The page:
How Coronavirus Will Change Cities, From Public to Private Lives
Bill Fulton writes a two-part series on the future of cities after the pandemic, premising the entire exercise on two points: that cities have always existed, and that cities have also evolved. Despite the anti-urban messages gaining a larger audience as the coronavirus pandemic takes an especially heavy toll on New York City, Fulton suggests that cities are cleaner and safer than they were a century ago, and that they have thrived for a long time because they are adaptable.
Fulton takes those lessons to mean that cities will surely change as a result of the coronavirus: "The world after COVID-19 will be different — as it is after any disaster. And COVID-19 will accelerate changes that have been brewing in cities for a long time. The result will be a new kind of city, different than what we have seen before. A city that should be able to withstand shocks like COVID-19 in a sturdier fashion."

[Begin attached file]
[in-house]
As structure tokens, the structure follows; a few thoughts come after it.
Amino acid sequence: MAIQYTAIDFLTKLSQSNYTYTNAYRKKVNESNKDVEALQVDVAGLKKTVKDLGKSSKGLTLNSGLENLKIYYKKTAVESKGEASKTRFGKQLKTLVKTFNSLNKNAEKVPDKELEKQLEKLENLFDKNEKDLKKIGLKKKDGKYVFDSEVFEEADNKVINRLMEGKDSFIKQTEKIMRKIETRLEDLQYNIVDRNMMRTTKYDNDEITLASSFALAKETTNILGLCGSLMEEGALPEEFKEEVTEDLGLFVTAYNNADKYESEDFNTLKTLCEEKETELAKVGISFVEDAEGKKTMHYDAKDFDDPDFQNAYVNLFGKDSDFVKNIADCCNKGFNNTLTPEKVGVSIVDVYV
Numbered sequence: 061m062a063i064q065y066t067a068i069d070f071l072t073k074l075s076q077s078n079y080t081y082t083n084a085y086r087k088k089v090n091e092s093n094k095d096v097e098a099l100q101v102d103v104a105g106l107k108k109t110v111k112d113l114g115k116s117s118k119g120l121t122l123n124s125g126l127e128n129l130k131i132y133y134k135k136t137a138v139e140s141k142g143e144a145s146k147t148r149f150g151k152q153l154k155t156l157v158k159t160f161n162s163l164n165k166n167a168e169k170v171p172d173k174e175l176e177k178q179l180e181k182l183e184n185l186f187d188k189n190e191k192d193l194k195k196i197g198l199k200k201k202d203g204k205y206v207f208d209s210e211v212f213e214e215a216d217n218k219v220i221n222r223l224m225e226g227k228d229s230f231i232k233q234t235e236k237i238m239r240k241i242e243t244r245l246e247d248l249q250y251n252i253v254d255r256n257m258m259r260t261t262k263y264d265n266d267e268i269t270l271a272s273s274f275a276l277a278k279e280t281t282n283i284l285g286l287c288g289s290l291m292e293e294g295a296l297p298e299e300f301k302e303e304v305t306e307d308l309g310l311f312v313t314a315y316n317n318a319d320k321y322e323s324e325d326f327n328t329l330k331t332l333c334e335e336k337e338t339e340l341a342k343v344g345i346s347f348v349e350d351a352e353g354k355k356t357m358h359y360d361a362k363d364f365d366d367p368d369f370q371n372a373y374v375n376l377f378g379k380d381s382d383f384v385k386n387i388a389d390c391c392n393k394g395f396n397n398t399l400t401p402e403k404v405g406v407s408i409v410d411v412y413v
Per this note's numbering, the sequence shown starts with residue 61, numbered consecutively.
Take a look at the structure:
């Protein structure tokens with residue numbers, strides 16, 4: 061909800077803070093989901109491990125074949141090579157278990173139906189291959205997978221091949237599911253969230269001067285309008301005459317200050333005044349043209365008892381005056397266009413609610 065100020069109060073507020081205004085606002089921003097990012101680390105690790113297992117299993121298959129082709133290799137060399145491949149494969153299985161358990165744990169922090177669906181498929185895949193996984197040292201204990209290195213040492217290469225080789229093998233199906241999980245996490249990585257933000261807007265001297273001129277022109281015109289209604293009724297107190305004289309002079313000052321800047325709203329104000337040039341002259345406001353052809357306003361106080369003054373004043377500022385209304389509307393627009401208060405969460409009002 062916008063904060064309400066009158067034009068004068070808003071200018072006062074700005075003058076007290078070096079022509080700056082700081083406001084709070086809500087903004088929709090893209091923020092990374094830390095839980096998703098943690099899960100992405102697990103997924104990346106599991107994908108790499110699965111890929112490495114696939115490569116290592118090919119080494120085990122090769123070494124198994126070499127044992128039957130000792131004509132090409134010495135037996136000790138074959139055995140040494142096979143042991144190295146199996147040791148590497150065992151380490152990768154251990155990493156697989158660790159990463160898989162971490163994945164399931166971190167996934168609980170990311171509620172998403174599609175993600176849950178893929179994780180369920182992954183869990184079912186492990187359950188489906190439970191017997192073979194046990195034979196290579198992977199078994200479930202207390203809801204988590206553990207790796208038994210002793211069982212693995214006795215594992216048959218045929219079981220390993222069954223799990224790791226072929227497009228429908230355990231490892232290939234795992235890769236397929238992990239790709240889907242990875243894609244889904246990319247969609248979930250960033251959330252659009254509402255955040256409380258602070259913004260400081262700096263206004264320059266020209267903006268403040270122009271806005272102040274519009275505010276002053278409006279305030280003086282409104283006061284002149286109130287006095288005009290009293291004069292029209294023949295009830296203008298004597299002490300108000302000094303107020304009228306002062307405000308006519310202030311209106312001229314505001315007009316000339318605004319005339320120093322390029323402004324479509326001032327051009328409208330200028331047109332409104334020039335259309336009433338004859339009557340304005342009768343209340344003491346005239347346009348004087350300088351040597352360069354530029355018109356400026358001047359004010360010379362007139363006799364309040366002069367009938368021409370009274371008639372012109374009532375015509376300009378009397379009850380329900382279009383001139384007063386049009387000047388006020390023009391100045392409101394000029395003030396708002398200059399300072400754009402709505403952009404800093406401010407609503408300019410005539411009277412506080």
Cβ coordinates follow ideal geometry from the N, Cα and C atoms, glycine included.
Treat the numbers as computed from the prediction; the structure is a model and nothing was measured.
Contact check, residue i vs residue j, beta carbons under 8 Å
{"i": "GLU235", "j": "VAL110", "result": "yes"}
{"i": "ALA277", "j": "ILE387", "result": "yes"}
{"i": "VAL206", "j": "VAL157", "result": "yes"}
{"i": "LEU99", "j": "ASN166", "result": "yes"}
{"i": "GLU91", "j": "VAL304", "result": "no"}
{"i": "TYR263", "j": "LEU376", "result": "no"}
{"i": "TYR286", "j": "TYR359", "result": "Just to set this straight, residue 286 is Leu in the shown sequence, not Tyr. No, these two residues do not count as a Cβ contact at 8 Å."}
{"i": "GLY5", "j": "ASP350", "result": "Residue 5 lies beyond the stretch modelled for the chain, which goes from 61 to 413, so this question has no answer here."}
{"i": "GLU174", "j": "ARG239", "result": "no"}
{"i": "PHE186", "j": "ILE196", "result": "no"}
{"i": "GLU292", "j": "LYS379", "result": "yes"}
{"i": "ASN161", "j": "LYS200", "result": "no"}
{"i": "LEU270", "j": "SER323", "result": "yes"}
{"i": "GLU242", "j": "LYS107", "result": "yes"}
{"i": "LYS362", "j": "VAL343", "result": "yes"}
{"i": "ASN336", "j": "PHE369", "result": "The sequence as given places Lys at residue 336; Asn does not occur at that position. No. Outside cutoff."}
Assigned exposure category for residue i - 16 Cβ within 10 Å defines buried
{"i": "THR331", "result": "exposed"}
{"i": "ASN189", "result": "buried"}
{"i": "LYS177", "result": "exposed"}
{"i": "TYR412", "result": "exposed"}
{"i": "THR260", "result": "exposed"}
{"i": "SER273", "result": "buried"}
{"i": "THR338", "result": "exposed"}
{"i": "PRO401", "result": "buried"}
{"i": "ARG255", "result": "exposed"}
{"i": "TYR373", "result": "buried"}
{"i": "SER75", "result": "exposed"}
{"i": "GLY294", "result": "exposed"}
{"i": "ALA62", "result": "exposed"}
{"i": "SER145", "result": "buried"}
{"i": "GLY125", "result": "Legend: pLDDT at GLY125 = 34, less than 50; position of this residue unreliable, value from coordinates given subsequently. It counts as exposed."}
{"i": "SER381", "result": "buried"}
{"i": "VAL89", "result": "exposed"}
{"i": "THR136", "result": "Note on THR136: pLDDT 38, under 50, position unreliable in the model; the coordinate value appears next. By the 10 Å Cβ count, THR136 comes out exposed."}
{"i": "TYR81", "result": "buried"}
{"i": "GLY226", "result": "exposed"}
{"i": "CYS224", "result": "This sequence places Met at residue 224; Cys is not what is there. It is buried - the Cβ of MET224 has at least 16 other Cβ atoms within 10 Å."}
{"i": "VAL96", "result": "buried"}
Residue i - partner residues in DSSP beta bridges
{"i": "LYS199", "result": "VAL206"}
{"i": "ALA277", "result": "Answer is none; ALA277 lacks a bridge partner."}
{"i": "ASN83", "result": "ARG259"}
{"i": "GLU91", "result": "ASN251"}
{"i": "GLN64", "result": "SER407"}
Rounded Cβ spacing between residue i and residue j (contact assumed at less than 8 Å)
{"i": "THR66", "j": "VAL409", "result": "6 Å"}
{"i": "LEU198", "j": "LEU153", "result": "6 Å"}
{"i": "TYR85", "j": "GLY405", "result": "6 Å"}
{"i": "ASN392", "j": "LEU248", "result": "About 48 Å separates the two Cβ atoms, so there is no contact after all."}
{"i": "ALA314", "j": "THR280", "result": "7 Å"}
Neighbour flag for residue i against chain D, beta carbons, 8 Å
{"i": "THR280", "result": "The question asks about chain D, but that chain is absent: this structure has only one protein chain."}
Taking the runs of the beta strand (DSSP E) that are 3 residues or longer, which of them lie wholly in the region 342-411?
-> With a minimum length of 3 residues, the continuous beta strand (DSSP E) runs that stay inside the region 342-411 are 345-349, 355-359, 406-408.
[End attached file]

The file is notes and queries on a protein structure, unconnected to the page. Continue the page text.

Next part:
With more details on each of these points, Part 1 includes a list of predicted changes in cities and the world after the pandemic is over:
- A renewed focus on public health
- More sophisticated urban design
- Fewer retail stores and a different kind of street life
While Part 1 of the series digs into the public life and design of cities, Part 2 focuses more on the private side of life in cities:
- A changing office work environment
- More flexible public transit
- A renewed appreciation for just plain old walking
Fulton states a summarization of these predictions thusly: "Fewer stores but more bars and restaurants — and maybe a more bustling street life. More remote work and therefore more activity in neighborhoods. A more carefully constructed, safer public realm. More flexibility in getting around. All of which will make cities — and their suburbs — better places to live."